Navigators needed to be able to constantly memorize what they observed. Known route markers were memorized in songs and stories which were passed down the generations to new navigators.

The position of stars at night and the sun during the day, and the appearance of clouds above landmasses were helpful ‘wayfinding' signs. Seabirds were also indicators of nearby land masses. The reflection of shallow water on the undersides of clouds could indicate the approach of land.

It was recognized that seabirds fly away from land in the morning to feed at sea, and toward land in the evening to nest. Ocean swells were also recognized as going in a consistent direction due to a prevailing wind source, while local waves could be variable. Furthermore, island chains can impact the direction and momentum of currents and waves.

Polynesian peoples looked after their knowledge of navigation and boat-building carefully.

Experts (tohunga) in these areas were highly valued members of a tribe, and having this education was rare.

Alternative views of the Polynesian settlement of the Pacific have held some sway in the public mind over the decades, but have largely been discredited. One theory proposed by Thor Heyerdahl is that Polynesians migrated from South America on balsa-log boats. Another theory was that Polynesian settlement was the result of luck, random island sightings and drifting rather than organized voyages.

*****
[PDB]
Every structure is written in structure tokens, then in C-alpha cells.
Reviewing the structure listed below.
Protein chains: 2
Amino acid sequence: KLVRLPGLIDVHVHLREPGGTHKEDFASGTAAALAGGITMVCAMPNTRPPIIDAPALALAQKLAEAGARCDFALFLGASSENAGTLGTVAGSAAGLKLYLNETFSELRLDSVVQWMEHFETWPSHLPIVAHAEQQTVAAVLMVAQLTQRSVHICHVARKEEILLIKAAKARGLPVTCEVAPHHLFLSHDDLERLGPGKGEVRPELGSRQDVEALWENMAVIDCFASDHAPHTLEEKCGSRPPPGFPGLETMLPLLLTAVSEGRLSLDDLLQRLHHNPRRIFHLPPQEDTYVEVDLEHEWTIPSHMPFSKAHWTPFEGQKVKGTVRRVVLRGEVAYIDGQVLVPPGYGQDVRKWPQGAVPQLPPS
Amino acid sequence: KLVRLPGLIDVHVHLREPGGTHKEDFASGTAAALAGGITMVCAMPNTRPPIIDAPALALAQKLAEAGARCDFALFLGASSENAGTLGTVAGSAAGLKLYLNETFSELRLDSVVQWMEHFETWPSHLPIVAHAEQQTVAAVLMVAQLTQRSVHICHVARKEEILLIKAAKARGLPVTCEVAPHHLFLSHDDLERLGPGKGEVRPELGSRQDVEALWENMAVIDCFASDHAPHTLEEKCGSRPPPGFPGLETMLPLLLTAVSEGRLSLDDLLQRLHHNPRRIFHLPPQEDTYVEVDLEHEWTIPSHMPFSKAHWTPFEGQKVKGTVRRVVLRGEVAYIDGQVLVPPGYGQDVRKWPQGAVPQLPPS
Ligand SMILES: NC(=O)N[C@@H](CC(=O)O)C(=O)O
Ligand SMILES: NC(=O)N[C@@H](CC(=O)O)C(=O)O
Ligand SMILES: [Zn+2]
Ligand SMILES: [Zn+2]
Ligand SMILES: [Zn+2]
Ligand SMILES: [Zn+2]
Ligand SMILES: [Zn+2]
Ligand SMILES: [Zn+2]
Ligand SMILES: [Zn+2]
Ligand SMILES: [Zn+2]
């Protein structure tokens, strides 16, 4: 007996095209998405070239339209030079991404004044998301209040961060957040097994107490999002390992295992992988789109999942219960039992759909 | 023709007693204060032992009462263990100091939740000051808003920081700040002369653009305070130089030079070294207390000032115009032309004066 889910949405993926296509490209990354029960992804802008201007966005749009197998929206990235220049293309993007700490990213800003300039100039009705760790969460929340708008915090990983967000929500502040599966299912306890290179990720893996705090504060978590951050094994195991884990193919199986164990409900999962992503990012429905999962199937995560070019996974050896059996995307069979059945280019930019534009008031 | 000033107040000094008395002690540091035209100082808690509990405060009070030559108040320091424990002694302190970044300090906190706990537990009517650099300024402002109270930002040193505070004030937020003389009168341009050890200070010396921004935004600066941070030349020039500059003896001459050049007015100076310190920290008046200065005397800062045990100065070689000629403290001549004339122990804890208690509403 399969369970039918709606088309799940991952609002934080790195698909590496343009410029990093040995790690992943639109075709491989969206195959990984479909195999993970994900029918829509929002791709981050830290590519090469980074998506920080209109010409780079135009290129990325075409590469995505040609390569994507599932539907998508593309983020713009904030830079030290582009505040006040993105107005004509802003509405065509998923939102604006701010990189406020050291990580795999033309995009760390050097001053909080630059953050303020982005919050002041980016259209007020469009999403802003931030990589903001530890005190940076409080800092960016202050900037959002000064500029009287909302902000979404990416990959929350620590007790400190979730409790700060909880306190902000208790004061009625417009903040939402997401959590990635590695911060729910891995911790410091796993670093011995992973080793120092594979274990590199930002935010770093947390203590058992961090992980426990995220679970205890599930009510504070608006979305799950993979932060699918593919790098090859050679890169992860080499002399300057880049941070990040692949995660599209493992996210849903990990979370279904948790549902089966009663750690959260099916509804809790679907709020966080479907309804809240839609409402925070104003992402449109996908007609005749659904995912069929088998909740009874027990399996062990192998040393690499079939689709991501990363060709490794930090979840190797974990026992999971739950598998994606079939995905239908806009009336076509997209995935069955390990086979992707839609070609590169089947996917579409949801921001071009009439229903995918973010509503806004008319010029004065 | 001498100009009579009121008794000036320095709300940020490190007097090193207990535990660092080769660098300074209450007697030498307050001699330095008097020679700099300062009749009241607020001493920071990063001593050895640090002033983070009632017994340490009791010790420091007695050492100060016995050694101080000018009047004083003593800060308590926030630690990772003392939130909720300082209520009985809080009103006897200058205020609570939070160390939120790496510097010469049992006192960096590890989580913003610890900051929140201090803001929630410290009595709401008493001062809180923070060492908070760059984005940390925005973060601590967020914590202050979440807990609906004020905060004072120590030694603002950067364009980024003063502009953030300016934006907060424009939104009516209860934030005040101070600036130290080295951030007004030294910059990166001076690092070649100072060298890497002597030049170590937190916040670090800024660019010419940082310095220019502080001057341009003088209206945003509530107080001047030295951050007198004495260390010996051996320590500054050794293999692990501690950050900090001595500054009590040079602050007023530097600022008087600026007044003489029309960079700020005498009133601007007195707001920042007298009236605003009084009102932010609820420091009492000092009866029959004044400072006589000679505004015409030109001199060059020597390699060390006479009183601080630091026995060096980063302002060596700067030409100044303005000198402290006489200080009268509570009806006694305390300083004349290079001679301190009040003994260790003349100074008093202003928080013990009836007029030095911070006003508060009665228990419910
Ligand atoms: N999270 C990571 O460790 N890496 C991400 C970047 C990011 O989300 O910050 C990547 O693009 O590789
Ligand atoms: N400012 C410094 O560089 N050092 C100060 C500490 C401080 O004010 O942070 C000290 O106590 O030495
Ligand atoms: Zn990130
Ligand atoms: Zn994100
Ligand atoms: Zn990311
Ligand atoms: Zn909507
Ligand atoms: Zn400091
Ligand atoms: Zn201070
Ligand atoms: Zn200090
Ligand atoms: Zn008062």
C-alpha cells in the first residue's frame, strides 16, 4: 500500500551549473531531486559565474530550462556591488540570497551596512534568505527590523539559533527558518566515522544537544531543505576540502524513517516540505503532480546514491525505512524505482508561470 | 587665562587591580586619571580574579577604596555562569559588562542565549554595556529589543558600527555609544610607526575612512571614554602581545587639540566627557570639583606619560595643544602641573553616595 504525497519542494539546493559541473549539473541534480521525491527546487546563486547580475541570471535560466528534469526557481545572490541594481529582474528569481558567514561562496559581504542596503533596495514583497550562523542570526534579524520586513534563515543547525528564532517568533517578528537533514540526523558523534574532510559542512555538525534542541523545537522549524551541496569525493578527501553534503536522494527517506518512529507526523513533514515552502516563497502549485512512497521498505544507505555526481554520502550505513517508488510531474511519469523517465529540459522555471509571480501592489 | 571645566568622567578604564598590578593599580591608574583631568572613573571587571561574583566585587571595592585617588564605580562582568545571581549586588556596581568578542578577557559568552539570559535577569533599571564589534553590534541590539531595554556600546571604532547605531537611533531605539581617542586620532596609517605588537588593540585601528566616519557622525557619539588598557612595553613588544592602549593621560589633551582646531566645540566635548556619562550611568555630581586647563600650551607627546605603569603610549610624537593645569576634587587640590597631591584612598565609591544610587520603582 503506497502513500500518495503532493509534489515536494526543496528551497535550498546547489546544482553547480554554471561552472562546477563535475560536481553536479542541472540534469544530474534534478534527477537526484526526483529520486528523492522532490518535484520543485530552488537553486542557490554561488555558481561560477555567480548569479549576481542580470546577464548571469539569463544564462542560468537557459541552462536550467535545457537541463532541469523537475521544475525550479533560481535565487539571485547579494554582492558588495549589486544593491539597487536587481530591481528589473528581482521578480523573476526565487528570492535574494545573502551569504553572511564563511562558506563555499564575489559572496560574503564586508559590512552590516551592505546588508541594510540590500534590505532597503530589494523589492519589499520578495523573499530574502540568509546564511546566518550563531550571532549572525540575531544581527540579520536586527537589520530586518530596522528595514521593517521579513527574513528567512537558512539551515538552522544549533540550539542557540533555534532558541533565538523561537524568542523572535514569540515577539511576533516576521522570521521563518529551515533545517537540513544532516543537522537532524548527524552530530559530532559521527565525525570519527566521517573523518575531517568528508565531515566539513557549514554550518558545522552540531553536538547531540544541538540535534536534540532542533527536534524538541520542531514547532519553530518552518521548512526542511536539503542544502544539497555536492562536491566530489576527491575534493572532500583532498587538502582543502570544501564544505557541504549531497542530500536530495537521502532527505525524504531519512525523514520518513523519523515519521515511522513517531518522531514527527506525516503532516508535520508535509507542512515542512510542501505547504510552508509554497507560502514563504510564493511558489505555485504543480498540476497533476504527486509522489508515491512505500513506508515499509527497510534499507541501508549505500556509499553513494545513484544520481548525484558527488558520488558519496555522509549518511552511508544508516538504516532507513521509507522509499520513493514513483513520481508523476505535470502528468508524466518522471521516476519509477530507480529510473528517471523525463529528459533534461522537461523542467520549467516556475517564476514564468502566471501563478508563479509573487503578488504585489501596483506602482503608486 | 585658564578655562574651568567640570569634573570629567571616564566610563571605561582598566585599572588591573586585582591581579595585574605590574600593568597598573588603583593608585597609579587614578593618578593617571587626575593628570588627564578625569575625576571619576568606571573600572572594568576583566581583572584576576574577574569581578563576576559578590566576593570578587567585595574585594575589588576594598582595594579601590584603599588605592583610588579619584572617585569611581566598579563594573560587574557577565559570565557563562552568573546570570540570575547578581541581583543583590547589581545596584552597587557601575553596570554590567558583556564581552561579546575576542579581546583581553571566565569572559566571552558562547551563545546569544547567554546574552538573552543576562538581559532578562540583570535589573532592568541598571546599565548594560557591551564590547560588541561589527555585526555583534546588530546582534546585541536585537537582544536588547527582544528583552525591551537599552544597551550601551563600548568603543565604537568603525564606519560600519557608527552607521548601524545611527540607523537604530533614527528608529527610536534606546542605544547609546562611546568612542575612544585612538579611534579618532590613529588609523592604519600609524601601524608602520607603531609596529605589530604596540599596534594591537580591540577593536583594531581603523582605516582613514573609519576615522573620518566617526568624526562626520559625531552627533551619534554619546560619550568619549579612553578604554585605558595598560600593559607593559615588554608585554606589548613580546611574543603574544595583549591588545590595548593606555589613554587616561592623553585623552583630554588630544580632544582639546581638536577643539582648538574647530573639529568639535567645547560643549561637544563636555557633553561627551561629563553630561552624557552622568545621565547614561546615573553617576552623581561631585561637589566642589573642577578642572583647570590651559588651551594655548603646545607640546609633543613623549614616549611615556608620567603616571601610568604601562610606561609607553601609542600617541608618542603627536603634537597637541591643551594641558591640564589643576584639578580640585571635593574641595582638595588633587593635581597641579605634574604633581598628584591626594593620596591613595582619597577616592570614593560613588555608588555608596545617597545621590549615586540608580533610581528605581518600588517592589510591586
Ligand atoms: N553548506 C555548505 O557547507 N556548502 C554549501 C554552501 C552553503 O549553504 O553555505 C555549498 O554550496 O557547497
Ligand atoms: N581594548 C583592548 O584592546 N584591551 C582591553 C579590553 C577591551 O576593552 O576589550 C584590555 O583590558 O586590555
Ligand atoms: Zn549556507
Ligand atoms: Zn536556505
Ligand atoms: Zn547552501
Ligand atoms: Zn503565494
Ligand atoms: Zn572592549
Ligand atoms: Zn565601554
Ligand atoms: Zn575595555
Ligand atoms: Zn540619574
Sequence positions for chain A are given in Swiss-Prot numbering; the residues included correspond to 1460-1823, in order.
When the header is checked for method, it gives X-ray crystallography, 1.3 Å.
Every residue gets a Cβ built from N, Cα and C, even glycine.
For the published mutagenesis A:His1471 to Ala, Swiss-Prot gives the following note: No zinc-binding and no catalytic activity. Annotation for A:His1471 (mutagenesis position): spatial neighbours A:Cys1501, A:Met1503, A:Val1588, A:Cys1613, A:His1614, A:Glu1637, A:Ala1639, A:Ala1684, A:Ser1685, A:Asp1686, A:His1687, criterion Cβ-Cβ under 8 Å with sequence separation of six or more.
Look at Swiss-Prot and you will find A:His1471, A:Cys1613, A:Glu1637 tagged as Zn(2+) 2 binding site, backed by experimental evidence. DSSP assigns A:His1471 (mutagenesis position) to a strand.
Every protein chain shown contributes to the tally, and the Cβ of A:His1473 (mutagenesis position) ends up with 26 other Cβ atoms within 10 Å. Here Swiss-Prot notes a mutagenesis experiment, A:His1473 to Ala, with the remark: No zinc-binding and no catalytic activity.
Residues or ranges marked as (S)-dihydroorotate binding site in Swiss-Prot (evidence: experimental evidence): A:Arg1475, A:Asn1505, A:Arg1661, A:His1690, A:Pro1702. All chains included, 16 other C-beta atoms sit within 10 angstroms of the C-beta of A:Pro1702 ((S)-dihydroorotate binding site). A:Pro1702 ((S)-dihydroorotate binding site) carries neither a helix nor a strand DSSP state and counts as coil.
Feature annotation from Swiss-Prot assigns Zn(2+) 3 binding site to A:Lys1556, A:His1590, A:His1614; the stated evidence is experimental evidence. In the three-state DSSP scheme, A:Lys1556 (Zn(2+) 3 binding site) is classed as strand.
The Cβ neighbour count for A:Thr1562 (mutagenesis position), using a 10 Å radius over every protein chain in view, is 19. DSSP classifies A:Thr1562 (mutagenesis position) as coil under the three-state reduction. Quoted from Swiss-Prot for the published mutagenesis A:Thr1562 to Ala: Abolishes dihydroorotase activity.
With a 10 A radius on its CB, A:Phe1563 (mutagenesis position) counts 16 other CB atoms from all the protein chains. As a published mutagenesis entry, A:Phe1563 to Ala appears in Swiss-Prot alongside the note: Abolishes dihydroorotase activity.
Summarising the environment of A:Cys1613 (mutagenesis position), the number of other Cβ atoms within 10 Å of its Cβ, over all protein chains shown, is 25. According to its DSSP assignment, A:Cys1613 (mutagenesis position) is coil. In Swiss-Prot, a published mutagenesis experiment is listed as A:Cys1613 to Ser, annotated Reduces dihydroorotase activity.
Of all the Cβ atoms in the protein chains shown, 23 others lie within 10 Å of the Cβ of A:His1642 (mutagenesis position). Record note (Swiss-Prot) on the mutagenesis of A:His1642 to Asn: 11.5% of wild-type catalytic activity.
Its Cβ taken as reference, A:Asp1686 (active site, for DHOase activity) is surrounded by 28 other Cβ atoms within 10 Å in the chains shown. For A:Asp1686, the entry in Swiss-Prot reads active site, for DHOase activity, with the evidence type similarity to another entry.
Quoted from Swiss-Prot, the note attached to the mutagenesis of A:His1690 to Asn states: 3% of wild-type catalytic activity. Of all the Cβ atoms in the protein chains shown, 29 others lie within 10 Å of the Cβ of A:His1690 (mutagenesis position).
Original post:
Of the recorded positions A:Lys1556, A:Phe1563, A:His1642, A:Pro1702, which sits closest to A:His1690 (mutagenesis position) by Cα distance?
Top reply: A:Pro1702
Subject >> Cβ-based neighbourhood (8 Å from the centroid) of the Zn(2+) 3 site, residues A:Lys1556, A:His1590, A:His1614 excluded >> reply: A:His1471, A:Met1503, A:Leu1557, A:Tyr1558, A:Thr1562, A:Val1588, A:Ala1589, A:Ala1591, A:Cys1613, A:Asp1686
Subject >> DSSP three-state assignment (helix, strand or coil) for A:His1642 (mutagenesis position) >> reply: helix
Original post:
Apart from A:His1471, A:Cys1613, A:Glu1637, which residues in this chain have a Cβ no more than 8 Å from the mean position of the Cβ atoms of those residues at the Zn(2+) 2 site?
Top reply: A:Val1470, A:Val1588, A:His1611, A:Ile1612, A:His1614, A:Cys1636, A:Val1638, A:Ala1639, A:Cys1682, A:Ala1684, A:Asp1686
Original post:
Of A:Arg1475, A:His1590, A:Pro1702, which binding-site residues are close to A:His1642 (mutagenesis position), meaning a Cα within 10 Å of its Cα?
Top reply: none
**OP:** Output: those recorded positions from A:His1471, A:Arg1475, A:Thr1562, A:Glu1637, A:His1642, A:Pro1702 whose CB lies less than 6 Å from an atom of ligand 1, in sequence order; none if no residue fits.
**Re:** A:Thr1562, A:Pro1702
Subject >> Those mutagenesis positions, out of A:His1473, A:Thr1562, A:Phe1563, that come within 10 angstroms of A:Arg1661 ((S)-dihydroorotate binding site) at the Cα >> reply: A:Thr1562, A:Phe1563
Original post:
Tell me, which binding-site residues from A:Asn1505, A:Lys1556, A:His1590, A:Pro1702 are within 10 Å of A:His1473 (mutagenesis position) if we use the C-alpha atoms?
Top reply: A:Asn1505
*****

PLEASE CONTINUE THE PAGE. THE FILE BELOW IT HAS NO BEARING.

Hawaii was settled in two waves, originally around 400 BC from the Marquesas Islands over 3,200 kilometres to the south in an area now known as French Polynesia, and around the 9th century from Tahiti. The subantarctic Pacific Ocean may have been visited, although not thoroughly settled, by Polynesian navigators. Evidence for this includes the oral history of a Waka Tīwai fleet reaching “a place of bitter cold where rock-like structures rose from a solid sea,” and the remains of a Polynesian settlement dating back to the 13th century found in the Auckland Islands.

In summary, Polynesian navigators were masters of reading the natural world to find their way across the vast Pacific ocean in search of new lands. They were also expert boat-builders and sailors, resourceful and courageous. The development of a distinctive Polynesian culture relied upon Polynesian boat building and navigational skills, which over some four thousand years brought the people of east Asia into all inhabitable regions of the Pacific.

We write about Polynesian navigation wayfinders, the masters of reading the natural world to find their way across the vast Pacific ocean in search of new lands. Innovation processes are very uncertain. You cannot write down the unknown.The innovative and curious nature of Polynesian voyagers highlight their attraction to an indefinite future. Creating the future instead of trying to predict it. Sometimes it is only upon arrival that it will become clear what you were looking for. That’s how you discover new islands in an ocean of ​​possibilities.